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We stopped storing our IoT raw data in databases. We still need to search it, but now we store only metadata in the database (we know what we will search by, so we can make appropriate metadata) and store the raw data in S3. So any searches are in the DB, using the DB for what it is good at. This means that our storage / database cost approaches just the S3 cost, because our metadata is ~0.001 the size of the raw data. It took our product from "we are going to shut this thing down" to making money.

Got the idea from an AWS talk here https://youtu.be/7Px5g6wLW2A. Blew my mind. I coded up all the changes in a day. Took way longer to move the data than to code it.




This is one of the ways to use AWS 'the right way'. Without serious optimization, using AWS as a IaaS provider is going to cost more.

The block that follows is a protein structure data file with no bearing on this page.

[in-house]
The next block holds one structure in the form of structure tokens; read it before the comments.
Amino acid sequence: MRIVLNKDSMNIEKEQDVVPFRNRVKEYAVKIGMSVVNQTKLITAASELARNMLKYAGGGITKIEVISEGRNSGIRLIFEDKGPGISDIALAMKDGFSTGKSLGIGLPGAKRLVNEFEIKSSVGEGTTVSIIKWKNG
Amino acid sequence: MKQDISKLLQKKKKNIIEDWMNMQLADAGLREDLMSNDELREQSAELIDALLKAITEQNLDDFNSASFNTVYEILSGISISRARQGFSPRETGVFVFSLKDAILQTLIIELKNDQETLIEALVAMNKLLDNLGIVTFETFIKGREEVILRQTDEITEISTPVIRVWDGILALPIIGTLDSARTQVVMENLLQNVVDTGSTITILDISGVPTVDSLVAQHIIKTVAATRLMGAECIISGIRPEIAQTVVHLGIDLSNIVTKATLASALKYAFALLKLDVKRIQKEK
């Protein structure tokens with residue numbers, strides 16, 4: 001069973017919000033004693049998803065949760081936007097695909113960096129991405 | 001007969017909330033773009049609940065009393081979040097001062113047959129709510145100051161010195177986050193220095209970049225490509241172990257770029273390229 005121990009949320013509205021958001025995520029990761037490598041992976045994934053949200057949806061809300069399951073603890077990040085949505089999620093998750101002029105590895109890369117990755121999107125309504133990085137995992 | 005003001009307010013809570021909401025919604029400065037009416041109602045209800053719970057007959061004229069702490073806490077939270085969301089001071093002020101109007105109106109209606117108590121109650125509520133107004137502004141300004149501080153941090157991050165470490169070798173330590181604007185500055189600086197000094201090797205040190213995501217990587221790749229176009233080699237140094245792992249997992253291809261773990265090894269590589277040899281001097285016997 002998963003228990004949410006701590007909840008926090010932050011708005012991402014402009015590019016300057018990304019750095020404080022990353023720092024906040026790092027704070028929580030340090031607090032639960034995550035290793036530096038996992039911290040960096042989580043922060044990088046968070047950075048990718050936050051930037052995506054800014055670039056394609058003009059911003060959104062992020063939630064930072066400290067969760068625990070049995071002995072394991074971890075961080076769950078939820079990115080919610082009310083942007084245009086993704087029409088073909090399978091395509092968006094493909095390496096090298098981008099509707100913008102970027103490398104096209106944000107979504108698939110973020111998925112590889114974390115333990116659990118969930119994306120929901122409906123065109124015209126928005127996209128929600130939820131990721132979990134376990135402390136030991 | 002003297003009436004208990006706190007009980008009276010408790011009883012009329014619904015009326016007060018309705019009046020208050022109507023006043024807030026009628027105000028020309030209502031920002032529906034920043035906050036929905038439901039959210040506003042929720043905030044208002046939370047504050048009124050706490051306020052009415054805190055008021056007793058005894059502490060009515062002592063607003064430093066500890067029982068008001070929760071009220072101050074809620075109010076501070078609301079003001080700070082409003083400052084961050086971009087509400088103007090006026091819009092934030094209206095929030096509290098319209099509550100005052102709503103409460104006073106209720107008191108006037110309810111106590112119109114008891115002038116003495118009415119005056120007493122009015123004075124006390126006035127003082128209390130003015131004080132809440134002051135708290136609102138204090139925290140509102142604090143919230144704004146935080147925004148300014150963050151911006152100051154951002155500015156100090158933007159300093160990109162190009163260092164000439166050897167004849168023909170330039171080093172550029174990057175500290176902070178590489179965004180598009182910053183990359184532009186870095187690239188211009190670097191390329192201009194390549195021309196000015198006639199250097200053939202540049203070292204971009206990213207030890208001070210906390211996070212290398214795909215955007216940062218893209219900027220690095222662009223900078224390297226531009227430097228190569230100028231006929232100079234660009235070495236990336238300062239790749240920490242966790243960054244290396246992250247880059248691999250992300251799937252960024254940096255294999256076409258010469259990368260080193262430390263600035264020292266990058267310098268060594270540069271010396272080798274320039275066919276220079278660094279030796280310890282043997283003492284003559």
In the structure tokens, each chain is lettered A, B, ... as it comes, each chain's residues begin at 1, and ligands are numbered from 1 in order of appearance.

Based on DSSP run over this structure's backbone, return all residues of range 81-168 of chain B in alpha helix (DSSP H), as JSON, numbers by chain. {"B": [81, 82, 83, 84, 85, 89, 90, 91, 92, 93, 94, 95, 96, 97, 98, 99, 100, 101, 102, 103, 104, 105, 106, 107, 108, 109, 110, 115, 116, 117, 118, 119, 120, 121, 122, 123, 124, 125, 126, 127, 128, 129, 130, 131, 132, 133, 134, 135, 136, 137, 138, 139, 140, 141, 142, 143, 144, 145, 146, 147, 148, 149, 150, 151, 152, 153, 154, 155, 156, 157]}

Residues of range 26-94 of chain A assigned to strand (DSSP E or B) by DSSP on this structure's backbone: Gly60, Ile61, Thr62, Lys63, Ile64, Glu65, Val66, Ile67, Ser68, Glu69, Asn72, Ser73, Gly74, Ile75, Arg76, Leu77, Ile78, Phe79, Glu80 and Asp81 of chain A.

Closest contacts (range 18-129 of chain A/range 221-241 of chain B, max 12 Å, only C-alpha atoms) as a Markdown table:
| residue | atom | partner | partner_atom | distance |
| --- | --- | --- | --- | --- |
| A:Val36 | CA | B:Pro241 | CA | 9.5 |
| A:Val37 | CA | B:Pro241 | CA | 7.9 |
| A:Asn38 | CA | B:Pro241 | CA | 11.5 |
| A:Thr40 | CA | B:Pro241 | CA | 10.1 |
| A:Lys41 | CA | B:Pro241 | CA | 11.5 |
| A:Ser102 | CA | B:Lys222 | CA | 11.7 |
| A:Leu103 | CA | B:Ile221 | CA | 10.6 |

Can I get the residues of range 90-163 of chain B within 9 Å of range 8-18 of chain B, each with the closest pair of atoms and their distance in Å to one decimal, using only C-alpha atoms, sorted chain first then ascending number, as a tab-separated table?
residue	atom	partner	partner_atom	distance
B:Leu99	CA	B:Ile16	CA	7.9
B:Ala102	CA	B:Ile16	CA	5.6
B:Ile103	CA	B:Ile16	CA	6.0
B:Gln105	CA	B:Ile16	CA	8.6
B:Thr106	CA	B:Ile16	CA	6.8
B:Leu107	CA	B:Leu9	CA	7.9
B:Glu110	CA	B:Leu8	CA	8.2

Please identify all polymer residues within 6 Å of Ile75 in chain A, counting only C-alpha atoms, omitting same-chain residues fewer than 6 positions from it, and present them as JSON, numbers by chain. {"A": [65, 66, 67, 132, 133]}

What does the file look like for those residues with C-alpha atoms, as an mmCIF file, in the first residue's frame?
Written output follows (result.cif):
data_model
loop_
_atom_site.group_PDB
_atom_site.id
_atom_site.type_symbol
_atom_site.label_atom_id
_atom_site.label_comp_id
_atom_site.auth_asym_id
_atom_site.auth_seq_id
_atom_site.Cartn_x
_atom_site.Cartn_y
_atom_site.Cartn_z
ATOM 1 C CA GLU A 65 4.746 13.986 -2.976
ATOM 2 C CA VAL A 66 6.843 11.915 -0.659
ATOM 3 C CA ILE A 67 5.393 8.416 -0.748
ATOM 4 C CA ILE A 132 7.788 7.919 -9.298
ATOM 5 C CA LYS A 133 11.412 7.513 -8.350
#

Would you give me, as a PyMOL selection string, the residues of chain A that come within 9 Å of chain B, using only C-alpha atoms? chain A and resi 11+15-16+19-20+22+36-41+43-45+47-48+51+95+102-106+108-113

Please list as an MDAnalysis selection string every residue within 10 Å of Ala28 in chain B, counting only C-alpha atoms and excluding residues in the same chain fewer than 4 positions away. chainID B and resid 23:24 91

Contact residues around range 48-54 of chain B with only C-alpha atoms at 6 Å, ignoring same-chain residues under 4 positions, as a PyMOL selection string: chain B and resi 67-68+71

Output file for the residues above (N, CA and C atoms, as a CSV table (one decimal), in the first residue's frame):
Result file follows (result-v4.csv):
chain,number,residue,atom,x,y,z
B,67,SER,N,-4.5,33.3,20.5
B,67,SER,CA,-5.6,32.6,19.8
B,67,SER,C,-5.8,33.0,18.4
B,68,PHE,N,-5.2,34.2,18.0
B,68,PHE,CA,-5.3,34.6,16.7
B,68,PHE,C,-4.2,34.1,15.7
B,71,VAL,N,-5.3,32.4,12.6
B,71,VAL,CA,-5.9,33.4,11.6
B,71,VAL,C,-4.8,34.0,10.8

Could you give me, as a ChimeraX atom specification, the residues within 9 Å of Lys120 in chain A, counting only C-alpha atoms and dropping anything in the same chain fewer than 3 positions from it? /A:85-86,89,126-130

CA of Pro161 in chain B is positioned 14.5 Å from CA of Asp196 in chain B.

AWS provides a ton of building block primitives you can use to build with at a price point better than you can do it yourself. If you just try to do it yourself using their IaaS offerings 24/7 (ec2, vpc, etc) then you're in for a bad time.


How slow is it to retrieve the data from s3 though?


It is slow, but most of the time, we don't use the raw data - we use the metadata. It worked great for our app. We got a excited and tried to implement some on the fly data summaries where we would have to touch a bunch of files every time we wrote anything. That just didn't work because of the speed.

Let's be specific on speed. Most of the time, the MB or two needed for a plot is a fraction of a second, which our customers can deal with. That retrieval is a single object from S3, the way we organize things.

Having said that, the talk I linked to has some great advice - use the "folder" structure to write data so you don't search, you just use the naming scheme to do a direct object read. In addition, we can keep most reads to a single object, which is fairly fast.

As is always true, you will need to test to see if it fits your speed needs. But even with just the naming scheme and meta data in the database to eliminate all searches on S3, the speed works for us.


Yes, s3 is very slow. Maybe to pursuade clients to move to their db solution.




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